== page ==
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Classical music

Zhang Xian's Roman Festivals: HK Philharmonic Orchestra

PUBLISHED : Tuesday, 21 April, 2015, 6:43am
UPDATED : Tuesday, 12 May, 2015, 11:37am

Zhang Xian's Roman Festivals

Hong Kong Philharmonic Orchestra

Cultural Centre Concert Hall

Reviewed: April 17

This was a concert that almost delivered on its promise. Conductor Zhang Xian gave a high-energy, stirring performance, the Hong Kong Philharmonic Orchestra was in fine shape after its European tour, and a new piece by composer Chen Qigang was engaging and original. Still, I was not quite satisfied.

Ottorino Respighi's tone poem Roman Festivals uses massive forces including organ, extra brass, piano and mandolin. The grim mood of the ancient Roman arena was conveyed well.

The brass players were in top form all night, including the three-trumpet fanfare and a bold horn call. The mandolin was delightful and concertmaster Jing Wang's solo was elegant and intense.

But fine details were blurred at times, dulling the overall impact. I also missed the sense of vast space that the composer intended. Phrase endings were wonderful but beginnings were sometimes slightly rough. It seemed to take the players a while to adjust to Zhang's split-second timing. Chen's piece, Luan Tan, combined influences from Chinese opera and Western minimalism in colourful, playful ways. It opened with a temple block struck so gently it sounded like a clucking tongue. A rippling, twisting figure was introduced by the flute and gathered momentum in different sections of the orchestra. The texture was held together with brass chords and relentless drums at climactic moments. I loved the ending with a vigorous roll on the wood blocks.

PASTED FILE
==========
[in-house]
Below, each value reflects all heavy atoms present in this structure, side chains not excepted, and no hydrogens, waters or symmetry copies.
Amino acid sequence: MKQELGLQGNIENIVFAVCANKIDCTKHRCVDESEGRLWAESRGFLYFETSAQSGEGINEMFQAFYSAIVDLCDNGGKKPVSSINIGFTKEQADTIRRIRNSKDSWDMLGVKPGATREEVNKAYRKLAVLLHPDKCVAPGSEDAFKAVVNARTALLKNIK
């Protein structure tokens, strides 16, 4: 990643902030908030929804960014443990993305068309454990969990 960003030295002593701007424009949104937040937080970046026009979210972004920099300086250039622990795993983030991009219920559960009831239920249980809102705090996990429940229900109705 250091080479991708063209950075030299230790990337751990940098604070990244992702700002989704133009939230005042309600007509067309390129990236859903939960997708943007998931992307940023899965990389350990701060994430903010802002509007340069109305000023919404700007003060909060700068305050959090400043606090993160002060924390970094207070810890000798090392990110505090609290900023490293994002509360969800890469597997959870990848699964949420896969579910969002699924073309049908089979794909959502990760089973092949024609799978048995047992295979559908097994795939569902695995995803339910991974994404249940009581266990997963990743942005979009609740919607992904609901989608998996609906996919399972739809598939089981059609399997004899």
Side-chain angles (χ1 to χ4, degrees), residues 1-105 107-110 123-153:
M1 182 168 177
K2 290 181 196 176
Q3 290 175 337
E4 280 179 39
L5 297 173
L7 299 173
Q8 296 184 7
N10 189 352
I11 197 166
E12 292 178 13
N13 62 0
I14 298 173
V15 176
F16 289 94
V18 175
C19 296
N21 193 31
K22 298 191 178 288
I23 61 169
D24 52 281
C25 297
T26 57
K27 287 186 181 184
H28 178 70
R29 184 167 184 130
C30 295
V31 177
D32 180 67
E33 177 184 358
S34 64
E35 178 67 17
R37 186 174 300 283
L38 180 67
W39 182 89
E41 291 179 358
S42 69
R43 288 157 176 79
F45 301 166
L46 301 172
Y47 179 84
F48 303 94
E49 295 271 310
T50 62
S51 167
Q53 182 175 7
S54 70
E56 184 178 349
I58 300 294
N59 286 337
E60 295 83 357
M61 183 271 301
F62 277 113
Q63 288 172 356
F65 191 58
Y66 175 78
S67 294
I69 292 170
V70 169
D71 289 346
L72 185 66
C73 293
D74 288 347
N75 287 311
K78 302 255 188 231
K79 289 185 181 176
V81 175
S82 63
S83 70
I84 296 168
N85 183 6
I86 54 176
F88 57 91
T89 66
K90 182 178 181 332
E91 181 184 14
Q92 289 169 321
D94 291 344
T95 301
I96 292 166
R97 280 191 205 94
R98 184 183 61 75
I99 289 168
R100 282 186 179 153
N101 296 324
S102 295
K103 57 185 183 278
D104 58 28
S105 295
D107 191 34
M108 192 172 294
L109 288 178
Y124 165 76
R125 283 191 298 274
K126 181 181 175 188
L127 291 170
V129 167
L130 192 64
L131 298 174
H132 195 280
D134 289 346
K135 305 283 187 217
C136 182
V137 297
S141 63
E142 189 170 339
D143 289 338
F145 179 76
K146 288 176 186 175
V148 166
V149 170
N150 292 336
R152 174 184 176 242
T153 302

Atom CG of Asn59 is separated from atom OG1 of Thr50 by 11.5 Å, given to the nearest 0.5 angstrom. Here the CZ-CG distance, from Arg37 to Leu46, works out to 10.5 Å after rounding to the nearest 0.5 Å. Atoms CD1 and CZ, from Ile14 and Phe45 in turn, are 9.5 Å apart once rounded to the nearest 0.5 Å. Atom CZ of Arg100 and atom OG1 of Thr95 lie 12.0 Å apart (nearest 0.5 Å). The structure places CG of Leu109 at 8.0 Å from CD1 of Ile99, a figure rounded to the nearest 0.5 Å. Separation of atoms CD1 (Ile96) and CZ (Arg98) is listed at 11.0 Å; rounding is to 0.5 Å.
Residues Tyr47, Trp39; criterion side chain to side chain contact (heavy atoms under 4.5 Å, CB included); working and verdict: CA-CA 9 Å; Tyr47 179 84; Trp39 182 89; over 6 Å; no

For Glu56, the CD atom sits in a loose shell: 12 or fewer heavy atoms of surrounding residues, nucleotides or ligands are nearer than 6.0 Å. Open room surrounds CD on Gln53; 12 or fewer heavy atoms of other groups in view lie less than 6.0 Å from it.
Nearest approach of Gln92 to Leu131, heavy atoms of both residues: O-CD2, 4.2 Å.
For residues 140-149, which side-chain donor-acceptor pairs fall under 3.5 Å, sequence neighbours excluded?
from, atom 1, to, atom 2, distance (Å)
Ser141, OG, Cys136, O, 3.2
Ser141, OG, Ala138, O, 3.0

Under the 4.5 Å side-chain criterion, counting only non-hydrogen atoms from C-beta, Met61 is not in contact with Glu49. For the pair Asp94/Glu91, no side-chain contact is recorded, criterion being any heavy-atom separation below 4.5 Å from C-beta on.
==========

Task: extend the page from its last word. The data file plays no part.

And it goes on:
What I missed were signposts for the listener. Clear melodic outlines were elusive. The harmony spun onward and upward but lacked arrival points.

Tchaikovsky's Symphony No 2 in C minor, Little Russian, elicited fine playing. The crucial horn solo in the first movement was pregnant with expression. If the whole performance had been as focused as certain passages in the third Scherzo movement, it would have been an exhilarating evening. The piece is the lighter side of Tchaikovsky: the last movement has about the maximum number of repetitions a simple folk tune can bear, even with the composer's clever permutations. But what I found missing was the immersion in the romantic flow I expect from Tchaikovsky.

Alexis Alrich